[2] According to his official bio on his website, Tim O’Reilly “is the founder and CEO of  O’Reilly Media, Inc. His original business plan was simply ‘interesting work for interesting people,’ and that’s worked out pretty well. O’Reilly Media delivers online learning, publishes books, runs conferences, urges companies to create more value than they capture, and tries to change the world by spreading and amplifying the knowledge of innovators.”

The TED Inequality All-Stars

Economic inequality is so important to a thorough look at happiness on and off the job that, before we leave the topic, I decided to provide an all-star lineup of TED talks on the subject, from a variety of perspectives. We’ve heard from the first two before, but not the last three.

TED Chrystia Freeland

This is Chrystia Freeland, journalist turned politician. We’ve heard a lot from her book Plutocrats already. Her political biases are evident in this talk.

TED Thomas Piketty

Thomas Piketty, economist and professor at the Paris School of Economics, literally wrote the book on the subject — a 600-page runaway bestseller Capital in the Twenty-first Century. He talks fast enough to get through much of his book in this talk. I’ve quoted him before, too.

TED Paul Tudor Jones

Paul Tudor Jones II is the billionaire founder of hedge fund Tudor Investment Corporation and a philanthropist. Here’s a sample:

“[Capitalism is] a system I love because of the successes and opportunities it’s afforded me and millions of others.

“Higher profit margins do not increase societal wealth. What they actually do is they exacerbate income inequality, and that’s not a good thing.

“This next chart, made by The Equality Trust, shows 21 countries from Austria to Japan to New Zealand. On the horizontal axis is income inequality. The further to the right you go, the greater the income inequality. On the vertical axis are nine social and health metrics. The more you go up that, the worse the problems are, and those metrics include life expectancy, teenage pregnancy, literacy, social mobility, just to name a few. Now, those of you in the audience who are Americans may wonder, well, where does the United States rank? … Yes, that’s us, with the greatest income inequality and the greatest social problems, according to those metrics.

“Now, capitalism has been responsible for every major innovation that’s made this world a more inspiring and wonderful place to live in. Capitalism has to be based on justice. It has to be, and now more than ever, with economic divisions growing wider every day.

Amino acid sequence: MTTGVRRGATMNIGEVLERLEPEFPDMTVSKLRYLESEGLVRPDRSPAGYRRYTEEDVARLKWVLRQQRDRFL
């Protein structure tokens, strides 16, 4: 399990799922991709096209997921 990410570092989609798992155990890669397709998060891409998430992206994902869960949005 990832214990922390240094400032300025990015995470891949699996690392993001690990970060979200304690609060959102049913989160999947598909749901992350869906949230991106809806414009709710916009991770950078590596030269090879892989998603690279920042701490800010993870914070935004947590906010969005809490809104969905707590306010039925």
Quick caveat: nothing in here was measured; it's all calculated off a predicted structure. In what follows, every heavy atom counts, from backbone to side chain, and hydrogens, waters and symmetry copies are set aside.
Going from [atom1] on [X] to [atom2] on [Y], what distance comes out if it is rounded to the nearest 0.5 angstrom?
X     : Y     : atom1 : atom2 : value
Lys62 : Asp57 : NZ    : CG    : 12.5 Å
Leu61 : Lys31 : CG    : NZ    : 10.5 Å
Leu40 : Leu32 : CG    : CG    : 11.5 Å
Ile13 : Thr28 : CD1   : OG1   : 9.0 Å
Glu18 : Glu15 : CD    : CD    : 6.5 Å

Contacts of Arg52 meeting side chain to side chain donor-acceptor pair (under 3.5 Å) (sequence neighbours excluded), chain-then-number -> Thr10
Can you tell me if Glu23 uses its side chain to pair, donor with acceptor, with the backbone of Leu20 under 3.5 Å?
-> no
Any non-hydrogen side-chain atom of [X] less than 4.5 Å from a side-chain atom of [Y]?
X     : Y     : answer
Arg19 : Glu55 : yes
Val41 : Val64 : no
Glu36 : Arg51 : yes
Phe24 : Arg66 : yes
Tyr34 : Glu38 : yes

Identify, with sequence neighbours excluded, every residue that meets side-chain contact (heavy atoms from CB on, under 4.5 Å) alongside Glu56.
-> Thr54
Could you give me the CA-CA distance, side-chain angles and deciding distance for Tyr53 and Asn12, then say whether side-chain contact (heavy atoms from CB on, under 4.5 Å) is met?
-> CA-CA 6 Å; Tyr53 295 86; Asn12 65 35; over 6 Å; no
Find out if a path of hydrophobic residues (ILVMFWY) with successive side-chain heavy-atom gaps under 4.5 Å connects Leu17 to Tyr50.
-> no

“I’m not against progress. I want the driverless car and the jet pack just like everyone else. But I’m pleading for recognition that with increased wealth and profits has to come greater corporate social responsibility.

“‘If justice is removed,’ said Adam Smith, the father of capitalism, ‘the great, the immense fabric of human society must in a moment crumble into atoms.’”

TED Richard Wilkinson

Public health researcher Richard Wilkinson studies the social and health effects of income inequality. In his writing and in this talk, he offers piles of statistical evidence from worldwide studies on a wide variety of social issues including life expectancy, social mobility, math scores, literacy rates, infant mortality, homicide and incarceration rates, teenage pregnancies, levels of trust, obesity, mental illness, drug and alcohol addiction, mental illness, school bullying, violence, high school drop-out rates, and more. In this talk, he returns often to three points that seem to be commonly cited in inequality research and commentary:

  1. There is a strong statistical link between these social issues and economic inequality.
  2. Conventional economic measurements such as GNP per capita, gross national income, and national income per person fail to recognize this link; and
  3. The problem of inequality at its core revolves around relative inequality (the human trait of comparing what I have to what you have).

TED Nick Hanauer

Nick Hanauer is another plutocrat — a “proud and unapologetic capitalist” — who has founded and funded 30+ companies across a range of industries, including aQuantive, which Microsoft bought for $6.4 billion. He openly loves his yacht and private jet, but fears for the future if economic inequality is left unaddressed:

“What do I see in our future today, you ask? I see pitchforks, as in angry mobs with pitchforks, because while people like us plutocrats are living beyond the dreams of avarice, the other 99 percent of our fellow citizens are falling farther and farther behind. In 1980, the top one percent of Americans shared about eight percent of national [income], while the bottom 50 percent of Americans shared 18 percent. Thirty years later, today, the top one percent shares over 20 percent of national [income], while the bottom 50 percent of Americans share 12 or 13. If the trend continues, the top one percent will share over 30 percent of national [income] in another 30 years, while the bottom 50 percent of Americans will share just six.

“You see, the problem isn’t that we have some inequality. Some inequality is necessary for a high-functioning capitalist democracy. The problem is that inequality is at historic highs today and it’s getting worse every day. And if wealth, power, and income continue to concentrate at the very tippy top, our society will change from a capitalist democracy to a neo-feudalist rentier society like 18th-century France. That was France before the revolution and the mobs with the pitchforks.